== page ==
Recently a Presbyterian minister posted a blog in which he claimed to be both a Christian and an atheist. I suggest that, rather than being a Christian, he’s a “Jesusist”. What’s a Jesusist, you ask? And how is that different from being a Christian? A Christian is someone who accepts the biblical account of Jesus of Nazareth as the incarnate Son of God. By faith he or she trusts that the Word became flesh and dwelt among us. Very God and very man, Jesus Christ is our salvation. His sinless life, vicarious death, and triumphant resurrection accomplished the redemption of the individual believer, the Church, and ultimately Creation. In short, a Christian is someone who, like Simon Peter, confesses that Jesus is the Christ, the Son of the living God. We believe Jesus as able to do what he did because he was who he claimed to be.

But what about those who admire Jesus for his ethical teachings and selfless actions, but don’t believe he was (in the words of Charles Wesley) “the Incarnate deity”? Many want to emulate the sacrificial life of Jesus, but they do not accept the Gospel accounts of the miraculous and the supernatural as factual or historical (John Dominic Crossan comes to mind). Such admirers see Jesus merely as an exemplar, but often they want to call themselves Christians also. It seems to me that a more accurate label for those who admire Jesus and his teachings but do not accept his deity or place their faith in his finished work would be “Jesusist” rather than “Christian.” Just as a follower of the teachings of Karl Marx is a Marxist, and an adherent of Darwin’s theory is a Darwinist, a Jesusist is someone who aspires to follow what they understand to be Jesus’ philosophy of life. Marxists and Darwinists don’t worship the founders of their respective ideologies, and Jesusists don’t worship Jesus; they simply admire him. Unfortunately, Jesusists often want to call themselves Christians, and this creates confusion.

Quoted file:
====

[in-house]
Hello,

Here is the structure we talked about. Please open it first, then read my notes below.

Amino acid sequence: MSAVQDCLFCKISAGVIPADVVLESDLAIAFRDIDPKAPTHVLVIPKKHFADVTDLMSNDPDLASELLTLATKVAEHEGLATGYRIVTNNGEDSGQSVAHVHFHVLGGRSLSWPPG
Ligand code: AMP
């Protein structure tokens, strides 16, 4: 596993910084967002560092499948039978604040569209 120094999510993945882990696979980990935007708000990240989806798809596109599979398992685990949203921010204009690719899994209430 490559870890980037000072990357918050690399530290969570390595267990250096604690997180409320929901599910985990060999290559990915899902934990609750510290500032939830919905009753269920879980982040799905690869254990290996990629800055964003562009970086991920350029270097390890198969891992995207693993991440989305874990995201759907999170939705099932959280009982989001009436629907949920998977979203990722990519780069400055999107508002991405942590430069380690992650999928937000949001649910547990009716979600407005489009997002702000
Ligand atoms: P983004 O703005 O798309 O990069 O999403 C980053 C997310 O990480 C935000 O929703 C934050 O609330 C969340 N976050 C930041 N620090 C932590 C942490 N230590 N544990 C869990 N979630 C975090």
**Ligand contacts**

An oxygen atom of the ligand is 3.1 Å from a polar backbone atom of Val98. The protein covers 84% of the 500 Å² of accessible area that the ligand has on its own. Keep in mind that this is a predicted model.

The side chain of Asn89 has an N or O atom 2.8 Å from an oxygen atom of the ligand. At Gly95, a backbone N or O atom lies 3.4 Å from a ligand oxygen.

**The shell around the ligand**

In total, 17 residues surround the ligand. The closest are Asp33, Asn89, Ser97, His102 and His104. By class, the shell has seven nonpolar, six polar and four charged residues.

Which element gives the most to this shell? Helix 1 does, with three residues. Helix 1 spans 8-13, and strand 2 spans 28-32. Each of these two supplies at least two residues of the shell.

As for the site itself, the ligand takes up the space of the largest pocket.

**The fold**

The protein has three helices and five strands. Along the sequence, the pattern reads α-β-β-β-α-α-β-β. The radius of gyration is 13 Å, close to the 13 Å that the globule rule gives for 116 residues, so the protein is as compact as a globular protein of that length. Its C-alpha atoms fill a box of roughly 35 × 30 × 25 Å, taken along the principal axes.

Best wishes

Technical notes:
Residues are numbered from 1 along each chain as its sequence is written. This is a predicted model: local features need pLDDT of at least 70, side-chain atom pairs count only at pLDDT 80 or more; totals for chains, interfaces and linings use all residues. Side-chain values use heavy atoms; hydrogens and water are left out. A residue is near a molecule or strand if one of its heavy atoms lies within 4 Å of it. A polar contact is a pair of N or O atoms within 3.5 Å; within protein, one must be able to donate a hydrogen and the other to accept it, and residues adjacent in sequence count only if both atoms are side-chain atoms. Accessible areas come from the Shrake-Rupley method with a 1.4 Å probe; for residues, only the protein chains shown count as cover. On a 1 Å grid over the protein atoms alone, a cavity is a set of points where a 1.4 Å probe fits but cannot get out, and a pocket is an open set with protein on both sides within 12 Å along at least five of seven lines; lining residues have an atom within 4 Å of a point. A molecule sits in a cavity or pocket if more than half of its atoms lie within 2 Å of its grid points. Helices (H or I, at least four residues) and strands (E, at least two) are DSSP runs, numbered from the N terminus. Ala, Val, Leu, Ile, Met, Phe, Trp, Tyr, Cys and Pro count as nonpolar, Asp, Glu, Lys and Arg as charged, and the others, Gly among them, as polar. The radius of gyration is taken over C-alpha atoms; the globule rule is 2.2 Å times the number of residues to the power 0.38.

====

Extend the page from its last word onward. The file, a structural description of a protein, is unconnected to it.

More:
So the Presbyterian minister who professes atheism is not a Christian. He’s a Jesusist. New Testament scholars as diverse as Albert Schweitzer to N. T. Wright have demonstrated that one cannot successfully separate the Jesus of history from the Christ of faith, regardless how hard some may try (I’m thinking now of the various “quests for the historical Jesus”). Attempts to demythologize the Gospel records by removing the layers of the miraculous have been akin to peeling an onion—once you’ve removed every layer there is nothing left. Jesus himself does not let us get away with being merely a Jesusist. “Who do you say that I am?” he asks. A Christian responds, “You are the Christ, the Son of the living God.”

Crossposted at